A leadership development workshop evaluation was conducted at the end of participants. The evaluation had two tools completed; individual tool and group tool. The goal of the evaluation was to measure learning, knowledge, behavior change, and participant’s reactions. The results revealed that the workshop was successful, relevant, useful, and impactful. The members thanked the facilitator for the job well done and requested school authorities to organize more of such workshops. An after action report was prepared that captured all the events and how the workshop was conducted. The after action report summarized the workshop methodology, objectives, participant’s information, evaluation feedback and followed up action for the school leadership and management to improve the organization’s performance.


Coaching the Least of These: A Seminar to Build a Stronger Turnaround Tuesday
Anthony Perdue | 2017

In Matthew 25:31-46, Jesus speaks specifically of His judgment of all nations, admonishing those who did not serve Him, by serving the least of these – the sick, the poor, and those who are imprisoned. Baltimore Maryland is one of the most impoverished cities in America and continues to suffer from a litany of economic and social problems including joblessness. Turnaround Tuesday is a job placement movement, born out of the clash between frustrated citizens and Baltimore authorities, resulting in protests, riots, and an economic standstill within the city.


Beyond the Village: Engaging Parents as Agents of Change in Developing Future Leaders
Cortha McMillian Pringle | 2017

The job of developing leaders is plaguing the minds of many as we look at political and social leaders who often lack the temperament, moral fortitude, and judgment to be considered serious contenders in leading our nation and world. Since entering the 21st century, our world has changed rapidly. Our world has become more interconnected by the incredible power of the digital age of personal computers, iPads, cell phones, and social media. You can literally stay connected with anyone and everyone, anywhere and anytime, who has access to these electronic tools. Some research contends that leadership development should start before the age of 18. In reality, most leadership development opportunities do not start until a person is promoted to a management position after they have been working a few years. For years, many have focused on the village concept of preparing children for the future.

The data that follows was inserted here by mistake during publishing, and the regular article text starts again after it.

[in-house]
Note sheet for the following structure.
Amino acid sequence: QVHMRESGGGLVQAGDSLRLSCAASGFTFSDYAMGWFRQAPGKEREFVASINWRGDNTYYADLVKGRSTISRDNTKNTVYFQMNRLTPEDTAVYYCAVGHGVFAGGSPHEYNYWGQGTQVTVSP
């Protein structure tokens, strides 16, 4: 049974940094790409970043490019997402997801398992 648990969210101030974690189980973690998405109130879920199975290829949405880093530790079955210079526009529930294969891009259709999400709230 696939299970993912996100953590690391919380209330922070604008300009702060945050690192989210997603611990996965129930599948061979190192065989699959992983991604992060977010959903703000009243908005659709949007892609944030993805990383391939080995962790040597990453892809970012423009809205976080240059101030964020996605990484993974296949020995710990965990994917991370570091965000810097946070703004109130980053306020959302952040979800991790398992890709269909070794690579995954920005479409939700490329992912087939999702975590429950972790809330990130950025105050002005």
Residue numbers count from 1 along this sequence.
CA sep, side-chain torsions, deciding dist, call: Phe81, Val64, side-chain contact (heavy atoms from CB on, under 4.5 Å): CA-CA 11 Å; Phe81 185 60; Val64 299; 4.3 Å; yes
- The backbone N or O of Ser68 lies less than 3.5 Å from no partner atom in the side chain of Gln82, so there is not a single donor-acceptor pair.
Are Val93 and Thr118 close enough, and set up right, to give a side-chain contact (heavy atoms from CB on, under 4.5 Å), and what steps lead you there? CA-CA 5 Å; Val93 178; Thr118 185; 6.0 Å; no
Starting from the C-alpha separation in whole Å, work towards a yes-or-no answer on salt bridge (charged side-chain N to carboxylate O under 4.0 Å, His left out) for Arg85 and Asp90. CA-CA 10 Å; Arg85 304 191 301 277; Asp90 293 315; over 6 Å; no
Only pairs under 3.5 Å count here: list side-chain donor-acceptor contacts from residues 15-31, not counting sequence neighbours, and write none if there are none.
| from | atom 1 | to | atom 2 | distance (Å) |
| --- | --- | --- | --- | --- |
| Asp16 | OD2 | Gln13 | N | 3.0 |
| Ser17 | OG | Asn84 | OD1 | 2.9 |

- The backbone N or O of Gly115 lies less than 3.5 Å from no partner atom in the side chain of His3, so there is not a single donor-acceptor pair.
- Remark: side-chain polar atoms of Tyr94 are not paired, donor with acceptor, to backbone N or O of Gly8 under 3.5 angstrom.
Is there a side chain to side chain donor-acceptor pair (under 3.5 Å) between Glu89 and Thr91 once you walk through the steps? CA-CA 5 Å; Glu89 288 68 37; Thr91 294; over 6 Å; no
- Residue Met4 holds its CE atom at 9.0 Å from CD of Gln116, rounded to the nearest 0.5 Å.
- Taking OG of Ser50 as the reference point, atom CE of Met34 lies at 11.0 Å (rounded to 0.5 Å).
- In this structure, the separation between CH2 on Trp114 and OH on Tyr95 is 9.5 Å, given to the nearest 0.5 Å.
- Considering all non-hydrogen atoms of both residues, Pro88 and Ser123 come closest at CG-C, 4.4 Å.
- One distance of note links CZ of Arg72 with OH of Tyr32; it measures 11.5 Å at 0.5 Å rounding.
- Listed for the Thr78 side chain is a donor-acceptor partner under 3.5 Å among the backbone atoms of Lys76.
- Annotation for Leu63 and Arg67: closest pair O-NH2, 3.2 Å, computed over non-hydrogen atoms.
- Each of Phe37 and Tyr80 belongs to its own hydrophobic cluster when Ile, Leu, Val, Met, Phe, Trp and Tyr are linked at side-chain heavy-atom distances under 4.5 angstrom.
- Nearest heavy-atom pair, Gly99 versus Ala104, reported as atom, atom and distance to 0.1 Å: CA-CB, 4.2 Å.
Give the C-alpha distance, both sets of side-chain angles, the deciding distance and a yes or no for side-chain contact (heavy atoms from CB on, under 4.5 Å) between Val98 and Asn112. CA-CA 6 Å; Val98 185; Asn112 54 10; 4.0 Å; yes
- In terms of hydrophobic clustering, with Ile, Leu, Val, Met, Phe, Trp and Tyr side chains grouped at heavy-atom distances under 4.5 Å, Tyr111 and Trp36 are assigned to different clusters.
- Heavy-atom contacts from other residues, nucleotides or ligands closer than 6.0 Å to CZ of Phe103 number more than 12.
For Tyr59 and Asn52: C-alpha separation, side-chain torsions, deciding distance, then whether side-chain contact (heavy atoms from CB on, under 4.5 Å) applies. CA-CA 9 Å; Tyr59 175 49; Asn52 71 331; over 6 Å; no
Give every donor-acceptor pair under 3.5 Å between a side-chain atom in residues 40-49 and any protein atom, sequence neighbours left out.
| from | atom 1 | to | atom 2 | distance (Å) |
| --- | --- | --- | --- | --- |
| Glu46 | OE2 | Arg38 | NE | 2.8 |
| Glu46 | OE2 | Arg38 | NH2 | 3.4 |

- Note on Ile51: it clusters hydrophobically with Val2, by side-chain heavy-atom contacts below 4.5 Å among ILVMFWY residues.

Globalization has created a need for leaders who have the conviction to connect across borders of diversity, change, and time where the status quo is no longer acceptable. During this time of change, leaders are needed who have the ability to share the vision with their followers to create organizations that can move past stereotypes, prejudices, and stagnant mindsets. This fast-paced environment needs leaders who are willing to push themselves and others towards a world that is bound together by our connections and able to move past the brokenness of our differences.

How do we move from an isolated village mentality to an engaged global community that is focused on growing leaders who are not only life-long learners, but culturally aware to handle the issues facing our world? As parents, we must understand the importance of our role in developing global thinkers and leaders. This project will focus on how parents can become agents of change by working with community partners to assist their child and schools in creating conditions for perpetual learning. This process is not simply learning a new system, but creating an environment wherein innovation and experimentation are not just tasks, but are an integral part of the learning process to develop leaders who are benefitting from collaborative teams made up of parents, schools, and the community.